With poaching in the news, how does Ohio set its deer hunting limits?
COLUMBUS, Ohio — Ohio didn’t allow open deer hunting until 1943 because deer had previously been over harvested for their hides, bones and antlers.
Hunting was only offered in three counties at first, and then on and off for several decades depending on the state’s deer population.
Today, sportsmen and women can hunt white tail deer in all 88 counties. State officials set the bag limits annually on how many deer hunters can take in each county, after reviewing changes in the deer population and surveying farmers and hunters.
Last season, hunters could take as many as six deer, including one buck. Only 1 percent of Ohio’s hunters take the full amount, according to the Ohio Department of Natural Resources.
Hunting limits and poaching penalties were in the news this week after a grand jury indicted eight members of an illegal deer poaching ring in Cuyahoga County. The eight face 66 counts including racketeering, fraud and identity theft charges in addition to breaking state wildlife laws and could spend 55 years in prison.
Take a look at how Ohio reached its rules.
Despite deer culling in Northeast Ohio and debates over deer invading suburban yards, state officials say deer population has been relatively stable and actually could stand to grow.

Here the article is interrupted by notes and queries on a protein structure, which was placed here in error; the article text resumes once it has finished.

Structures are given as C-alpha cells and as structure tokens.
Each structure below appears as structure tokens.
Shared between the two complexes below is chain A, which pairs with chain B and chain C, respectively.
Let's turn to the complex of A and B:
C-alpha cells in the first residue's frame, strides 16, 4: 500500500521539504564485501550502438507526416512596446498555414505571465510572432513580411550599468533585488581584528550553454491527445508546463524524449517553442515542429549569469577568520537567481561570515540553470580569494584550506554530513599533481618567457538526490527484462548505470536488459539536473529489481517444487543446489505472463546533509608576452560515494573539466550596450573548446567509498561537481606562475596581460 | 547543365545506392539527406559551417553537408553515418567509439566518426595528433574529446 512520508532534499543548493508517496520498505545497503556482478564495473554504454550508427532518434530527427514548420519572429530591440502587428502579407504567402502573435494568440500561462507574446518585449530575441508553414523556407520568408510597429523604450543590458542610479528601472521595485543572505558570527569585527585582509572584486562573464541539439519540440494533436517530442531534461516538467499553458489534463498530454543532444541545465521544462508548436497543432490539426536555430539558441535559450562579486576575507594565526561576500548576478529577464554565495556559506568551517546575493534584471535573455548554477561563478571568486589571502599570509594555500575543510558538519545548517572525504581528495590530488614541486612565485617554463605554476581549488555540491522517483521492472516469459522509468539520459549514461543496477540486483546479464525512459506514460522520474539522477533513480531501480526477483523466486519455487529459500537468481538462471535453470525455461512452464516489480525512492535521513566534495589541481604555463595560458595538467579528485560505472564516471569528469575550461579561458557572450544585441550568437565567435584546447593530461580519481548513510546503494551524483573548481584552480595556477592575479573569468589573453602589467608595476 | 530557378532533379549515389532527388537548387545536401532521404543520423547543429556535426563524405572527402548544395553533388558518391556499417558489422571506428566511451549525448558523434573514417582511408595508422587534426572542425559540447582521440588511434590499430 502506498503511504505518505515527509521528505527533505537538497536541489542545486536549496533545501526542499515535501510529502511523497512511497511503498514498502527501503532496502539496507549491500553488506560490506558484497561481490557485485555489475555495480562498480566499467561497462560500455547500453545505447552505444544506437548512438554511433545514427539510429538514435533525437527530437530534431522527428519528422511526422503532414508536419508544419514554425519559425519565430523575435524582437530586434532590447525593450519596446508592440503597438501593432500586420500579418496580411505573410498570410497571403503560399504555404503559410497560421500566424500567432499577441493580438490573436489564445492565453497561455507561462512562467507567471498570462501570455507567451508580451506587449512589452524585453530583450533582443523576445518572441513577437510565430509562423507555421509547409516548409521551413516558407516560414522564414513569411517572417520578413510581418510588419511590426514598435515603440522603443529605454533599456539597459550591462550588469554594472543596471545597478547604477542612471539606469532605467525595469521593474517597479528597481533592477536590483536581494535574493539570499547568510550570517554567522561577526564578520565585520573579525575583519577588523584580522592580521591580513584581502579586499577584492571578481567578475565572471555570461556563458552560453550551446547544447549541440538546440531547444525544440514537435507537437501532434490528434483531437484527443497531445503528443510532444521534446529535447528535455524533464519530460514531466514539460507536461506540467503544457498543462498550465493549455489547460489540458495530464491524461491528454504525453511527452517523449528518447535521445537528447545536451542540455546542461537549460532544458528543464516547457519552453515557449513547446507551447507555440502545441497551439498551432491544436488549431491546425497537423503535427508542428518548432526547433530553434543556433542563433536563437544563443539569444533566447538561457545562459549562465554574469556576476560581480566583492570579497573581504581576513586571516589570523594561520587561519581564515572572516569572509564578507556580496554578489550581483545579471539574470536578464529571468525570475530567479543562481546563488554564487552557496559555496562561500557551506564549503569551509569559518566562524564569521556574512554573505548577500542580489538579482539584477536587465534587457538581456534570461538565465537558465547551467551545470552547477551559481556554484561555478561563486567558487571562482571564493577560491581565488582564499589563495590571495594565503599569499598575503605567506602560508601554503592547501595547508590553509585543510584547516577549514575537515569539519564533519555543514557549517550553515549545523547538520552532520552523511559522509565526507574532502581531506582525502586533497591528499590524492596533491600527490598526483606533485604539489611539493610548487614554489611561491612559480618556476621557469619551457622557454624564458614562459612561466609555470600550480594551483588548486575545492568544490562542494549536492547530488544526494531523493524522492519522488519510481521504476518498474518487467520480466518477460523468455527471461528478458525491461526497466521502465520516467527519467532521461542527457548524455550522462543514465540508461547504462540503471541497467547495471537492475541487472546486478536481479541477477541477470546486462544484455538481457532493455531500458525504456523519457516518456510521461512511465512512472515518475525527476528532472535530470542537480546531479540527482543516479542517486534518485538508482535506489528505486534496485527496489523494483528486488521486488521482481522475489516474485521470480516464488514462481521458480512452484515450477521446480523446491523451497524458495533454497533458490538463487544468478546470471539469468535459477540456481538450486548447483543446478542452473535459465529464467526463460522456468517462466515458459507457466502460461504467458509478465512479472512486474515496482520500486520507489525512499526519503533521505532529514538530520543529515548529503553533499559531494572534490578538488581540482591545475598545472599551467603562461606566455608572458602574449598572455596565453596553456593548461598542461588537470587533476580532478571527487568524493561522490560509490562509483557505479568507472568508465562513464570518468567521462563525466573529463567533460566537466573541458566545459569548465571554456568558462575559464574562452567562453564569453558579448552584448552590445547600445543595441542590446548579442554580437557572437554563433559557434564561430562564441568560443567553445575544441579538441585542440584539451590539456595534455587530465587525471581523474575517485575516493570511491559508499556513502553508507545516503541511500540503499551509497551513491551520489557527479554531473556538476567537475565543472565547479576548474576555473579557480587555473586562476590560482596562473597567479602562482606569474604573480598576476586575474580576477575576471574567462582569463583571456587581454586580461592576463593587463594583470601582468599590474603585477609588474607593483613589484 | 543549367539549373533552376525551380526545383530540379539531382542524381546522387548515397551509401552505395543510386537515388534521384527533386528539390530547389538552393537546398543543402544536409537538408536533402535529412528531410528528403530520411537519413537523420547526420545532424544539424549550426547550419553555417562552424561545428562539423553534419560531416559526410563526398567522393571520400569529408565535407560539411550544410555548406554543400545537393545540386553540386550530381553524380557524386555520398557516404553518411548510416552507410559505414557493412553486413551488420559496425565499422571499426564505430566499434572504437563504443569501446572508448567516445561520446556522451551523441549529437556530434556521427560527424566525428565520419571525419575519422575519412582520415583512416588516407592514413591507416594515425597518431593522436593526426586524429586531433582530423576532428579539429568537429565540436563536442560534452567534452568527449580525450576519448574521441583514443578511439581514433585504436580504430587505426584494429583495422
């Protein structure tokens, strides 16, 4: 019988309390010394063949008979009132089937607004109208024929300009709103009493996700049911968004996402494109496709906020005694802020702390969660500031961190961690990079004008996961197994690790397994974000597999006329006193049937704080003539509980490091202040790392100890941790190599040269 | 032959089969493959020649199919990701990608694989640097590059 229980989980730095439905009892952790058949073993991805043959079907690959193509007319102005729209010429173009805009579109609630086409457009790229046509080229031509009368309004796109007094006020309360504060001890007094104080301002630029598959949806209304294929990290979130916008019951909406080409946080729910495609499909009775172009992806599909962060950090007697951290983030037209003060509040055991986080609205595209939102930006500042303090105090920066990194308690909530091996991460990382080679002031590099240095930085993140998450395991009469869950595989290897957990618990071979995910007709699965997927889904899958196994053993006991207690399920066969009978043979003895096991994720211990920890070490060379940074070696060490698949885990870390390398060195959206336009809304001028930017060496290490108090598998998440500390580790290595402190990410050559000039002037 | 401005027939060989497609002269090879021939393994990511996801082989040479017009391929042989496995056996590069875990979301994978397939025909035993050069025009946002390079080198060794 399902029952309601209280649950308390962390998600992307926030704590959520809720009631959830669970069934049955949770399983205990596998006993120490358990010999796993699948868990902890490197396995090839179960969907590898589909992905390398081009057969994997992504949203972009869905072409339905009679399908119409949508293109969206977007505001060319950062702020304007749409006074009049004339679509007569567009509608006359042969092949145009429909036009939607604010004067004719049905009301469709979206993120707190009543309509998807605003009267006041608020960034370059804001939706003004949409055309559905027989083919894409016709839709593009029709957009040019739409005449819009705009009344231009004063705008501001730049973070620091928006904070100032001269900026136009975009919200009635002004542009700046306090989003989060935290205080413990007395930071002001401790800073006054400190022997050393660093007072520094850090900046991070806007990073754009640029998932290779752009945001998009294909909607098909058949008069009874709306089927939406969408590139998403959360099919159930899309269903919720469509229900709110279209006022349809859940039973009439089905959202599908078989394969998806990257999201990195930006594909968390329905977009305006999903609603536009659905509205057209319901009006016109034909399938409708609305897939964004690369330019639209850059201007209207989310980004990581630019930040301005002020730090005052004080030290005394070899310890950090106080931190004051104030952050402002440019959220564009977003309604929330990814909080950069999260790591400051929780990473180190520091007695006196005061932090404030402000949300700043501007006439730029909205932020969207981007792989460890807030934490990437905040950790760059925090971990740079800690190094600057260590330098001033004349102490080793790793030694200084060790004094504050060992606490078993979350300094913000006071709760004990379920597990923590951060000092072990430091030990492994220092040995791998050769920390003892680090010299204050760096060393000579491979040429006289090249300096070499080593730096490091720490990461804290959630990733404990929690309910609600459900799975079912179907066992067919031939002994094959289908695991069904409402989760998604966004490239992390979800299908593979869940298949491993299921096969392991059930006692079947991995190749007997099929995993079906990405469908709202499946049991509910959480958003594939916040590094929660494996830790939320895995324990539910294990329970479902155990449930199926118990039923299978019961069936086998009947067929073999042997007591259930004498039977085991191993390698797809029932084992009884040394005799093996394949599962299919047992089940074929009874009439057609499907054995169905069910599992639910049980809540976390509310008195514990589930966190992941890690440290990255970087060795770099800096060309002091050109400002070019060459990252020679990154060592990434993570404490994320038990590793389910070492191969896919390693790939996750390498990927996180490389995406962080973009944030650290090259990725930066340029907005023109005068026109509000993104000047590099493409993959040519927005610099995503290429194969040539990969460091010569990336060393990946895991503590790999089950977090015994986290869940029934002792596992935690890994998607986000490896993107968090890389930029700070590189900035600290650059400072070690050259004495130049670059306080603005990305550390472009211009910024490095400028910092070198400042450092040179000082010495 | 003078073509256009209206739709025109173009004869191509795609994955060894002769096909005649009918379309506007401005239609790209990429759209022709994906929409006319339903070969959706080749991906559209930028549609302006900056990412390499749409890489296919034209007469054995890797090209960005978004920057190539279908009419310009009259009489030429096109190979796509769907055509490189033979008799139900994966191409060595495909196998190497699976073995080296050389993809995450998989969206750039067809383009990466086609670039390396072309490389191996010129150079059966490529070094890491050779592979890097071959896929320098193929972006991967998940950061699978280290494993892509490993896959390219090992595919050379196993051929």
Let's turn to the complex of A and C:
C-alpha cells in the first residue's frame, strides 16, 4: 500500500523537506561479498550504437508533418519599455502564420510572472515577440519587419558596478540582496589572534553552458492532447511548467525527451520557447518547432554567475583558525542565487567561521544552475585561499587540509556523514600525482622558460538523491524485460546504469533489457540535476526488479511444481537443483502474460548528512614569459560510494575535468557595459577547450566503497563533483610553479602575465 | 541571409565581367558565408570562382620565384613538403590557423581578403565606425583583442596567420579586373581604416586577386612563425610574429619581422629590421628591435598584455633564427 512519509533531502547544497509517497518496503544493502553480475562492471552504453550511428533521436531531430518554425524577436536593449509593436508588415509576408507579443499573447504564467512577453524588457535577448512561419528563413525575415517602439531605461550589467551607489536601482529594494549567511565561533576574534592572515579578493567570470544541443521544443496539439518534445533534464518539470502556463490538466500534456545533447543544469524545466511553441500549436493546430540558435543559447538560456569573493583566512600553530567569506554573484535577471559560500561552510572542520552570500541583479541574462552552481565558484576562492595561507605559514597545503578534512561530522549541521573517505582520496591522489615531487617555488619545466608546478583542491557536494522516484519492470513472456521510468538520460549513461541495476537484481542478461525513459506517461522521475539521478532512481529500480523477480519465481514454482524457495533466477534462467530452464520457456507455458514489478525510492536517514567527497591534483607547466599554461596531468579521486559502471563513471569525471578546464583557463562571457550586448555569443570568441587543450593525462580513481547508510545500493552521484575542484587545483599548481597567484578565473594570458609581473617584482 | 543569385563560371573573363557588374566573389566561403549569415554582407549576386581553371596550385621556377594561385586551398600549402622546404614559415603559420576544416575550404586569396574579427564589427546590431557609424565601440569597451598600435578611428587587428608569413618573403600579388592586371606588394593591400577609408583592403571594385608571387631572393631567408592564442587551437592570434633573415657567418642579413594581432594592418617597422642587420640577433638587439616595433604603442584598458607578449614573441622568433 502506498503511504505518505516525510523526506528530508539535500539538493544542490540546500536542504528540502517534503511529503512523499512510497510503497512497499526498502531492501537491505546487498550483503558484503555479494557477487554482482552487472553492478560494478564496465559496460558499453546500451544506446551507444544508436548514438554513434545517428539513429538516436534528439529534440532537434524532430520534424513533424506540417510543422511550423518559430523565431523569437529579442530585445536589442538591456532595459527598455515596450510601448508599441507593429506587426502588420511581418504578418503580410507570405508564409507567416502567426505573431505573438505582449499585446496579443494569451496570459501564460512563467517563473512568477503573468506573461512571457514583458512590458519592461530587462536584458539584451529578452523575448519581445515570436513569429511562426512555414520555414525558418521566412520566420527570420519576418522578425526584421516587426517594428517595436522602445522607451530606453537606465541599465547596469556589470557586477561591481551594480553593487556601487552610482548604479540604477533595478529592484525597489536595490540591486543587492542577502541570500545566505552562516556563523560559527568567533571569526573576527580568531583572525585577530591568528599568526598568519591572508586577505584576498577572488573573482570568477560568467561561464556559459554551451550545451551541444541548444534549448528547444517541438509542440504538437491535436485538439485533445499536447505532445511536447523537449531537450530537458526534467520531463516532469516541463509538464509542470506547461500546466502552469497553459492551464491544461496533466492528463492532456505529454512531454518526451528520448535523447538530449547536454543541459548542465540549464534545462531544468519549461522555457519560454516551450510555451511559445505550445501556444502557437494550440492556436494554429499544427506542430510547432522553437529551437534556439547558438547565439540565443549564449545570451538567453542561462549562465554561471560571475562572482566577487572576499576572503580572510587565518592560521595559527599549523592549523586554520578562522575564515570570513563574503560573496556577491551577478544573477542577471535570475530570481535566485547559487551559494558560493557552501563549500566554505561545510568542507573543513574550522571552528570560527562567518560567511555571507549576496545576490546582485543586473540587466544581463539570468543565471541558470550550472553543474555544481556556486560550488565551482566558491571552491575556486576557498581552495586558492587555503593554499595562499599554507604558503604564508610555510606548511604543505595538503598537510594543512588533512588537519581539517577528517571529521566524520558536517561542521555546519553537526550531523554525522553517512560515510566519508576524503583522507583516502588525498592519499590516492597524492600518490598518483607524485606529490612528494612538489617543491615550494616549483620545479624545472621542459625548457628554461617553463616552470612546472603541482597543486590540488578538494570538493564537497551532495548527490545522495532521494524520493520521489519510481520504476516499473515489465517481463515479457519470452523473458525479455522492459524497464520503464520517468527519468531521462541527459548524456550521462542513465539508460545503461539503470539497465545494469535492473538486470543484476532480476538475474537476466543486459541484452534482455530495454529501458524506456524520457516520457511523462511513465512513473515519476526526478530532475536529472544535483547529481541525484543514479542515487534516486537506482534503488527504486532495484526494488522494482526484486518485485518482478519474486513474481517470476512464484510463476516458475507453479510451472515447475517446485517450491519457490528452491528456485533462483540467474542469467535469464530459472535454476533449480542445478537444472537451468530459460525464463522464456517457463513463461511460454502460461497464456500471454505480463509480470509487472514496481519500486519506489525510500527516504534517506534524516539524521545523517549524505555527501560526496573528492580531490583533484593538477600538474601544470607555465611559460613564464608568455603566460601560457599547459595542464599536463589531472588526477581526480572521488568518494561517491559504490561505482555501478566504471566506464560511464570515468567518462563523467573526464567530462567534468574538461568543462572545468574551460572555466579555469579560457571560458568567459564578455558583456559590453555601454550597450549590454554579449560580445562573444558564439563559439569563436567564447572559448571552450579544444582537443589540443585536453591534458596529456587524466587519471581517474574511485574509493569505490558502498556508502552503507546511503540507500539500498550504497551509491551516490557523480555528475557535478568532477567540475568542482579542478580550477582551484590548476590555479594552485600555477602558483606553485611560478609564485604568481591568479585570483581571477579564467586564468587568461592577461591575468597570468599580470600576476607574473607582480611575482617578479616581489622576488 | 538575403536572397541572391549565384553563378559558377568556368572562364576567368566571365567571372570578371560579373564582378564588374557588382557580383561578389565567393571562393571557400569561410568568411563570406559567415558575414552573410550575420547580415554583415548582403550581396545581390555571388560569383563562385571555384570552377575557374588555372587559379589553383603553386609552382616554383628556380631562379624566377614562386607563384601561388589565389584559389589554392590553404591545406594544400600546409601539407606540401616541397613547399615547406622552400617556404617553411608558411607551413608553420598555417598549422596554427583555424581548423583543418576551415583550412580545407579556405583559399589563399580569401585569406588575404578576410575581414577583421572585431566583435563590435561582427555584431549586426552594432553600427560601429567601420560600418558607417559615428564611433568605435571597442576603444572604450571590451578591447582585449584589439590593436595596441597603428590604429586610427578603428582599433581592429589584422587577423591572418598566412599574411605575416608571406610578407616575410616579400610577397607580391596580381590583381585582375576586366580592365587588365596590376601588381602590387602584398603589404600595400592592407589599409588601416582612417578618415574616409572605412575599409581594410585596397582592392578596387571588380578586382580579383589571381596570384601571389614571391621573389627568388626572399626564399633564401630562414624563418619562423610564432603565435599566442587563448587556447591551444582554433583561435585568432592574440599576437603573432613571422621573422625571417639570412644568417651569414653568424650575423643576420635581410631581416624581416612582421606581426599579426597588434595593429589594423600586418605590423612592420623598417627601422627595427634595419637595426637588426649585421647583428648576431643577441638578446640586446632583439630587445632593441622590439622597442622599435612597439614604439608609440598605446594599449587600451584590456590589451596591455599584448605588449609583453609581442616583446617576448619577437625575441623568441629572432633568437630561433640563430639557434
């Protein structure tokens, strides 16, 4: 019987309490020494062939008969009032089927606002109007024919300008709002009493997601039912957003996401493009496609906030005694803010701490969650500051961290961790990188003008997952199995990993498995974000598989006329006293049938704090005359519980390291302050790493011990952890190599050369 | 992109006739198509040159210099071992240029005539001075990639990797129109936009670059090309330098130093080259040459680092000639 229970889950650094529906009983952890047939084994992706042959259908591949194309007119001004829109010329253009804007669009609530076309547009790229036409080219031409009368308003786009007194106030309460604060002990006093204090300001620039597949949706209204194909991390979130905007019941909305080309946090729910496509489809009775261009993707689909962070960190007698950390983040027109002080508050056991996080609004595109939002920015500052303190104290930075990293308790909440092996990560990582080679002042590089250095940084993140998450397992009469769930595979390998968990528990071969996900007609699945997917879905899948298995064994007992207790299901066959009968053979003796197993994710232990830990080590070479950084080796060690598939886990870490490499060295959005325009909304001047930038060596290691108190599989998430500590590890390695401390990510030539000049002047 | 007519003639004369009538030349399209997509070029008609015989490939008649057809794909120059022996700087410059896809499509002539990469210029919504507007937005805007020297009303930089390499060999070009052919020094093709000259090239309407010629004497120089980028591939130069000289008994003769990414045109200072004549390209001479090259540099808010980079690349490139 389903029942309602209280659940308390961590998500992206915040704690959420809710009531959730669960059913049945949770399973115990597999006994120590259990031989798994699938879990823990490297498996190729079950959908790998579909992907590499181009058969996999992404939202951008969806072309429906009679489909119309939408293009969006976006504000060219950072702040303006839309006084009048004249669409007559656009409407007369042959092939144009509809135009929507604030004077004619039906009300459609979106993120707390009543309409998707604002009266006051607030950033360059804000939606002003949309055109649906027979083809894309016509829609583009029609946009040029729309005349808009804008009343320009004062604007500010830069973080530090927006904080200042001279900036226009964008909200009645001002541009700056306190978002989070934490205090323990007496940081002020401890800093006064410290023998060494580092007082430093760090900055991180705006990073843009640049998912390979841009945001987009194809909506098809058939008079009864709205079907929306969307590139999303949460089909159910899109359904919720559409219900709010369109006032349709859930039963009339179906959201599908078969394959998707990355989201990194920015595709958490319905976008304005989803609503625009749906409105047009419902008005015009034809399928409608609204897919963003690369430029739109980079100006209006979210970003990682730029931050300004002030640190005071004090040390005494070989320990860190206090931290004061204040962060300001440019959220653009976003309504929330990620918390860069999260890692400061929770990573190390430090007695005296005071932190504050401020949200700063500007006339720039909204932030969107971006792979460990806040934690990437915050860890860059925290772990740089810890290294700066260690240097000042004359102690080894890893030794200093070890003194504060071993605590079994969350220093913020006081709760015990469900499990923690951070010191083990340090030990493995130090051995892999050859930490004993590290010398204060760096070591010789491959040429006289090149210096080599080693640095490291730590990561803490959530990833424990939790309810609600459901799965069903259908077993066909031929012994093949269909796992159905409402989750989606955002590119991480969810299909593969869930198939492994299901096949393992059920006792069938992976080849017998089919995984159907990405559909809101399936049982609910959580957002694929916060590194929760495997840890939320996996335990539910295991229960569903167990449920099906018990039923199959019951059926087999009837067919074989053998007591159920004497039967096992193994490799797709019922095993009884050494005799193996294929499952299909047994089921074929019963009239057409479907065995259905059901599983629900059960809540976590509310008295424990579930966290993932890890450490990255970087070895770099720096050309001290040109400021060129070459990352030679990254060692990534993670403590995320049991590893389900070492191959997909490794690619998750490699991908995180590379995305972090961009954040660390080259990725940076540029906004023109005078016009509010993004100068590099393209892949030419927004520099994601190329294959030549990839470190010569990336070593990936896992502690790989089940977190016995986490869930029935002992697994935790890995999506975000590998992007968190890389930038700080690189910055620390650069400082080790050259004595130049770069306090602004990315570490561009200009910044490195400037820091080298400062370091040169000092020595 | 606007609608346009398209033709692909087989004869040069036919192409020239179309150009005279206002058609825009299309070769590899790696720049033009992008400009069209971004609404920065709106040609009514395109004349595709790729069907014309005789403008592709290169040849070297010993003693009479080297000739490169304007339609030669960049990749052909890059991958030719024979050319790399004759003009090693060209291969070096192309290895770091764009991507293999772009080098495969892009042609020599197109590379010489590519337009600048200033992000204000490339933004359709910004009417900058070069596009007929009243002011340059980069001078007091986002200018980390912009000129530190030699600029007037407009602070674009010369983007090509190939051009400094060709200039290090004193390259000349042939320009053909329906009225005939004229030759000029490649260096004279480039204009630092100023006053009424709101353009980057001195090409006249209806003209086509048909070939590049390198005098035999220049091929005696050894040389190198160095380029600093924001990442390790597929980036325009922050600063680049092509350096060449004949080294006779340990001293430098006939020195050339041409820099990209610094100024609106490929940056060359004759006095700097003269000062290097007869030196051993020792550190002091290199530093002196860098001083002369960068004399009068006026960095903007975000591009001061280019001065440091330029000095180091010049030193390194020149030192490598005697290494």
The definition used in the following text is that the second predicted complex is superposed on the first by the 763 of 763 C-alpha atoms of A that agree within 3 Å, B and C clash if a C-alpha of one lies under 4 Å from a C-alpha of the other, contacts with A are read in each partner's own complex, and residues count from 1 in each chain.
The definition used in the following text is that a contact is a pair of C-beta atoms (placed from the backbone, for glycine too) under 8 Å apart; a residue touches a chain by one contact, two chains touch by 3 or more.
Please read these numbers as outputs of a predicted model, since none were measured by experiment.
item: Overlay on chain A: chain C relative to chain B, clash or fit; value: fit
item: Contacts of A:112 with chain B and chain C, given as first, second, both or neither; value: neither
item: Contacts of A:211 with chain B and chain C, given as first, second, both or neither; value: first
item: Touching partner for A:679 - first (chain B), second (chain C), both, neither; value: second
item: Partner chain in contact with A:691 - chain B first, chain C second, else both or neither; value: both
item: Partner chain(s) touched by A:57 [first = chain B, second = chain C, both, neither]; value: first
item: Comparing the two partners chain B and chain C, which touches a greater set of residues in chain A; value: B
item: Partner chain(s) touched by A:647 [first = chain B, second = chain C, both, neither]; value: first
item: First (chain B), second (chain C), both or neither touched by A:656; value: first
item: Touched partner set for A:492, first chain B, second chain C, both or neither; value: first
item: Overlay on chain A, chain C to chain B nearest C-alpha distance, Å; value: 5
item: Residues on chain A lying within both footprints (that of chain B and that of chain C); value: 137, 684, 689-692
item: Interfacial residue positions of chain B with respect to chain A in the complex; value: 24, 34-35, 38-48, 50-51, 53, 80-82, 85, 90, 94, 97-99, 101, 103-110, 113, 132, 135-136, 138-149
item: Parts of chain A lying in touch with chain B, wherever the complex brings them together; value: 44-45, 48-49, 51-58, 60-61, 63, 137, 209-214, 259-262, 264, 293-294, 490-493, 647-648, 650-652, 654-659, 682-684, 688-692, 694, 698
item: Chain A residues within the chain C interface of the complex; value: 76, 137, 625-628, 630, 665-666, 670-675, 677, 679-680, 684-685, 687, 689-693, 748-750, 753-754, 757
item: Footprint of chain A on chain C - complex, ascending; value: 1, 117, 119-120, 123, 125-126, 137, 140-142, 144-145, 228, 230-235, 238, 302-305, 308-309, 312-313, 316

The state doesn’t measure actual deer population. Instead, officials examine the numbers of deer hunted, carcasses removed from roadways and live deer spotted by bowhunters to determine whether the population is increasing, decreasing or staying the same.
All three measures showed smaller populations in 2015 compared to most of the previous 10 years, according to a 2016 department report. Hunters reported harvesting 79,176 bucks, 90,021 does and 19,138 button bucks in 2015.
Ohio Department of Natural Resources deer biologist Clint McCoy said the state seeks farmers’ and hunters’ opinions because they are the two largest constituencies concerned about deer population. The goal, he said, is to strike a balance between having enough deer to satisfy hunters but not be a nuisance to farmers.
McCoy said the state’s deer population took off in the 1980s and spiked in the early 2000s. The goal then became to reduce population.
The division upped the bag limit for antlerless deer, usually does, to bring the population down.
“On a large scale, the most effective method of controlling the population is through hunting,” McCoy said.
McCoy said recent surveys show a need to stabilize the deer population in Lorain, Cuyahoga and Summit counties and grow it in the far northeast corner of the state as well as the far western edge.
The population and survey data is used to annually set county bag limits.
For the 2016-17 season, hunters could take up to four deer in six counties, including Cuyahoga and other counties with large cities. Two or three were allowed in the rest.
Statewide, hunters could only take six deer, and only one could have antlers. The state also utilizes controlled hunts and damage permits to target specific areas.
Ohio’s limits are fairly liberal compared to some of its neighbors but allows fewer bucks to be hunted because the focus has been on reducing population.